Thurston Clarke's gripping account of the last months of the life of President John F. Kennedy weaves together his public and private life and addresses the most tantalizing mystery of all - not who killed him but who he was when he was killed, and where he would have led his country and the world.
This re-examination of a critical period looks at all the areas of the president's fascinating life: the progress he made towards ending the Cold War, passing the Civil Rights Act and withdrawing US troops from Vietnam, as well as his grief at the death of his infant son Patrick, his ongoing battle with ill health and his renewed determination to be a good husband and father.
The resulting portrait reveals the essence of this charismatic man, his personal transformation and the emergence of a great president. It also explains the widespread and enduring grief following his assassination, mourning the loss of his remarkable promise, which had become increasingly evident during his last hundred days.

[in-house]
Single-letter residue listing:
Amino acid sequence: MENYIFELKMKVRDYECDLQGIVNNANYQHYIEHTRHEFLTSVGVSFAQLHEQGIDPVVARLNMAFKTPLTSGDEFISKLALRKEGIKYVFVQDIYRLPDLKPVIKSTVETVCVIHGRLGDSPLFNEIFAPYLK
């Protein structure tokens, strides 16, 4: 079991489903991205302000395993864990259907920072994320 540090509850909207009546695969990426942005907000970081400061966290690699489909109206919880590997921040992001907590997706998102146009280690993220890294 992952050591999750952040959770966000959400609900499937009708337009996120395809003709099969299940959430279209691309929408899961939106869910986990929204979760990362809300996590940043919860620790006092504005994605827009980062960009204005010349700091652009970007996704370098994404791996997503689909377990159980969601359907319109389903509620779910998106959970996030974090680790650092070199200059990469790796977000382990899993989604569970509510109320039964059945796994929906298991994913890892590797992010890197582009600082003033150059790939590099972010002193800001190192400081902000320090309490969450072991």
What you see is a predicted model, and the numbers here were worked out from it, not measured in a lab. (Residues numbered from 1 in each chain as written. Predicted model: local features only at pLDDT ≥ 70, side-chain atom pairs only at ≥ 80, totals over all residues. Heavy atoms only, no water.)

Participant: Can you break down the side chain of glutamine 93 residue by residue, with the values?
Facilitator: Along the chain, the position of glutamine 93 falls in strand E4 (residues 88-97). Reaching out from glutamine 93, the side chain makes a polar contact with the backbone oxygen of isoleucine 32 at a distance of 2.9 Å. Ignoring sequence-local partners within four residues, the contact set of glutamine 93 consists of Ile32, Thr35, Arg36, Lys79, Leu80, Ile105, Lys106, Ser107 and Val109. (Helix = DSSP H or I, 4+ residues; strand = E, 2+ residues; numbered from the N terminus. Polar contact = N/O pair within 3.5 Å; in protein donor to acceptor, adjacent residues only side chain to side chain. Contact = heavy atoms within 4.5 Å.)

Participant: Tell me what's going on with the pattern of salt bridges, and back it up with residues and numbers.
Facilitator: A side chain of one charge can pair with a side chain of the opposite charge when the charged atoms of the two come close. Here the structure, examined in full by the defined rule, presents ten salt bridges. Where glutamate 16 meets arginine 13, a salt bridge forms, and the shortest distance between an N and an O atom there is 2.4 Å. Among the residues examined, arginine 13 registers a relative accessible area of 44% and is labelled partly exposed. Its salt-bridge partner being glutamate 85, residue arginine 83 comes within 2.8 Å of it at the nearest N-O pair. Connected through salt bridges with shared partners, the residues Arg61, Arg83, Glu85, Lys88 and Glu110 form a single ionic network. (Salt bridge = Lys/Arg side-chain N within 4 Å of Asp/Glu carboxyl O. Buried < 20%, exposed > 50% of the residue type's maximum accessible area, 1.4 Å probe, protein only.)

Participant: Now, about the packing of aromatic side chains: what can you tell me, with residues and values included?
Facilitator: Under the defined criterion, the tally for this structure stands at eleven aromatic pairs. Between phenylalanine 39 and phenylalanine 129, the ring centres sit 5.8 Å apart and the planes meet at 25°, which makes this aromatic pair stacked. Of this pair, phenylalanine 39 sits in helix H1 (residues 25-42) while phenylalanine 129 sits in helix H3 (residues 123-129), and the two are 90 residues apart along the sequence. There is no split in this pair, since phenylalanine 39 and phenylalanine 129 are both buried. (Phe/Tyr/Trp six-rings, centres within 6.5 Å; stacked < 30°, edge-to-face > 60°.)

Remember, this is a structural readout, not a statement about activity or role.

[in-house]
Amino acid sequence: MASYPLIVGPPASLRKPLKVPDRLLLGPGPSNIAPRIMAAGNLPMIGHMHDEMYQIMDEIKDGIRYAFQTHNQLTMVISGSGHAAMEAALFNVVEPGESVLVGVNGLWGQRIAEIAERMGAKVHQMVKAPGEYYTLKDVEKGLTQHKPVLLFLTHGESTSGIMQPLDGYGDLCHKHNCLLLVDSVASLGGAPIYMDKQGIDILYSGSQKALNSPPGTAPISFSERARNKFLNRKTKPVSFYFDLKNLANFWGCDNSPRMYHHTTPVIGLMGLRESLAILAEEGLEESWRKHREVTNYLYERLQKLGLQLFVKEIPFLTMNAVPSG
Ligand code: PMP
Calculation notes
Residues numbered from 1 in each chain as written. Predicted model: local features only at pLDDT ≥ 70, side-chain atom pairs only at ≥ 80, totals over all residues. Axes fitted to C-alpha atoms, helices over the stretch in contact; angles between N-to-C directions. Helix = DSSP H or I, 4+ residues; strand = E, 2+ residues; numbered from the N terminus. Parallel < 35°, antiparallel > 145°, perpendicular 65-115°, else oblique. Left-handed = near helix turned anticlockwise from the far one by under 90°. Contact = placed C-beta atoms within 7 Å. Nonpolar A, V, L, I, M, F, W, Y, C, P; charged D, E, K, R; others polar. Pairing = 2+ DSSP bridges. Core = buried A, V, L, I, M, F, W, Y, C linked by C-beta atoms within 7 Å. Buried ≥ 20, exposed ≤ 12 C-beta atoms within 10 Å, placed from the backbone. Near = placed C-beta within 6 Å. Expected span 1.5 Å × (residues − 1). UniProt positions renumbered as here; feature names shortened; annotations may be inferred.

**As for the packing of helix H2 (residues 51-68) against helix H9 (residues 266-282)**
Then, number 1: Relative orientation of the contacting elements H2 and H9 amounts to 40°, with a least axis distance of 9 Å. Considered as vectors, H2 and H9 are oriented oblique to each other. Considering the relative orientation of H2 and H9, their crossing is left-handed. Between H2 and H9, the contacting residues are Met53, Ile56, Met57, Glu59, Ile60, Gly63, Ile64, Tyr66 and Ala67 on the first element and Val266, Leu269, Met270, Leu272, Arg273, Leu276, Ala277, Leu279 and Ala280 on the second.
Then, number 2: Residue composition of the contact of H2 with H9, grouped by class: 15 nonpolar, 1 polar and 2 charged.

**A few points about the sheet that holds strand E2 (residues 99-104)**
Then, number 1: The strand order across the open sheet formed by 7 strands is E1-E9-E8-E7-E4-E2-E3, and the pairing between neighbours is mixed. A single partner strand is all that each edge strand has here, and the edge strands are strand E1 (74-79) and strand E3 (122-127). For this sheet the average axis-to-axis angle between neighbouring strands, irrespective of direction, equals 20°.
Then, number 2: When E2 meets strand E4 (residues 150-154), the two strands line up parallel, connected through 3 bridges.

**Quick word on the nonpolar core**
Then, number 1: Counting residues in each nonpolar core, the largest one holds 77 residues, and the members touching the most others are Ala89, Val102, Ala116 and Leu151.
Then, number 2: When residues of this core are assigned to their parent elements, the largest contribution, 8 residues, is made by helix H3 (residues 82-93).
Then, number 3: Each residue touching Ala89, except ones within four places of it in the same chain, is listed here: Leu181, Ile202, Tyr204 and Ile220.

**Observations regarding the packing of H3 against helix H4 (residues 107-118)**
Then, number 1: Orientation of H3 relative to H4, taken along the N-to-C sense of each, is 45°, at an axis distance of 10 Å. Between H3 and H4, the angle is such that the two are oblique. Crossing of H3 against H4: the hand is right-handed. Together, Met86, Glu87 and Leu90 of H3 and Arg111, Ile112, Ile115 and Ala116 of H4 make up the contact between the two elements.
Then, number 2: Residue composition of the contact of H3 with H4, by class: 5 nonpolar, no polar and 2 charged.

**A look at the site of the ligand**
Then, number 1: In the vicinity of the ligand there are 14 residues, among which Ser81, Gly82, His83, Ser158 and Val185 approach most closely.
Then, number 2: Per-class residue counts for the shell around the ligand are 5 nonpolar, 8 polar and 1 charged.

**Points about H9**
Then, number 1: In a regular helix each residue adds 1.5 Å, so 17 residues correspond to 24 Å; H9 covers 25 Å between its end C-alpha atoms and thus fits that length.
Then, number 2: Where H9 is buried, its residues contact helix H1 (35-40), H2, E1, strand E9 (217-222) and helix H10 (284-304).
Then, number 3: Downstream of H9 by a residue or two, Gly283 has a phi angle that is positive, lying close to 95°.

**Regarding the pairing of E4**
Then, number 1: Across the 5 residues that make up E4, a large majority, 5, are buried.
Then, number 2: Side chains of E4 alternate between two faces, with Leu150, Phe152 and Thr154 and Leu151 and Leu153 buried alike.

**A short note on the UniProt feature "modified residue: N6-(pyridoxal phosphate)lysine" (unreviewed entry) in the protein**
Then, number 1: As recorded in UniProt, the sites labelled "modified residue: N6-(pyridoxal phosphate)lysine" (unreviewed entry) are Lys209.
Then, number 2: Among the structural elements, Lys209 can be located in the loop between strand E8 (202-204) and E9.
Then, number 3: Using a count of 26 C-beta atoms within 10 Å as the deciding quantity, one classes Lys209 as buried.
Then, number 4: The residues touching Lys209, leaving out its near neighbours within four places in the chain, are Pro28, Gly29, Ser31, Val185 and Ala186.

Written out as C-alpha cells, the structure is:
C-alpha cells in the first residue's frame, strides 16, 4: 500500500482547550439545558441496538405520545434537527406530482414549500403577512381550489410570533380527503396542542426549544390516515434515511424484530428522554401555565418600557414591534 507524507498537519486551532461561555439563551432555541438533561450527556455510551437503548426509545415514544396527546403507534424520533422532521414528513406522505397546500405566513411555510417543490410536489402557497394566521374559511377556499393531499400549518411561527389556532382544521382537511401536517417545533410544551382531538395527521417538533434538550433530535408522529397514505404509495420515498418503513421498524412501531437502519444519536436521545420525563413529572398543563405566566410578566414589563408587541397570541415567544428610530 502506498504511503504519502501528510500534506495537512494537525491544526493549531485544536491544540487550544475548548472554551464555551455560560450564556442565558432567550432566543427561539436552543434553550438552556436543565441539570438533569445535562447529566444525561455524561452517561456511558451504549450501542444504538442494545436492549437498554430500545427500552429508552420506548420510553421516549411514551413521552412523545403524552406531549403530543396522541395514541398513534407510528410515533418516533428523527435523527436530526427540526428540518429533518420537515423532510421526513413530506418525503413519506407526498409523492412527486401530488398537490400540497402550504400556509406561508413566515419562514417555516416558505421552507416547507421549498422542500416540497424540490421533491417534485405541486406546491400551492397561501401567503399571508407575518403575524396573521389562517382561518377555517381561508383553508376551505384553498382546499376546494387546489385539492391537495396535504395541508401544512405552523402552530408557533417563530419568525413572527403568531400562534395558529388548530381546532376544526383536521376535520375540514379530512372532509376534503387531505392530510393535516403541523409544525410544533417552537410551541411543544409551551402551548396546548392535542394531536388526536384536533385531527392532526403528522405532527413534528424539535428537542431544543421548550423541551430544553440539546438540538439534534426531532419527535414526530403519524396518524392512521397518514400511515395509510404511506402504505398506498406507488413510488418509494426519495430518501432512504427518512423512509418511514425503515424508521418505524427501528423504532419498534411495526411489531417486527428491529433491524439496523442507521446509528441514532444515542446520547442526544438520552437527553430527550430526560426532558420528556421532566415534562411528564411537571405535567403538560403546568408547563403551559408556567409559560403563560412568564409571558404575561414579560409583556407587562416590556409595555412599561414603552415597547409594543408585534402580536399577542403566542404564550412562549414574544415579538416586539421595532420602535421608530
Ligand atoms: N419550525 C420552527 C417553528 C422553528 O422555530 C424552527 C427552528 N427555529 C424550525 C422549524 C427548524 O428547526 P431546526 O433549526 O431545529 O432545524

Thurston Clarke has written eleven widely acclaimed works of fiction and nonfiction on travel and modern history including Ask Not: The Inauguration of John F. Kennedy and the Speech That Changed America. His articles have appeared in Vanity Fair, The New York Times, The Washington Post and many other publications.
'His enthusiasm is infectious . . . he entertains and illuminates, writing gracefully, and with a fine sense of irony . . . He's funny and he's fair and he swims well against powerful cultural cross-currents' New York Times Book Review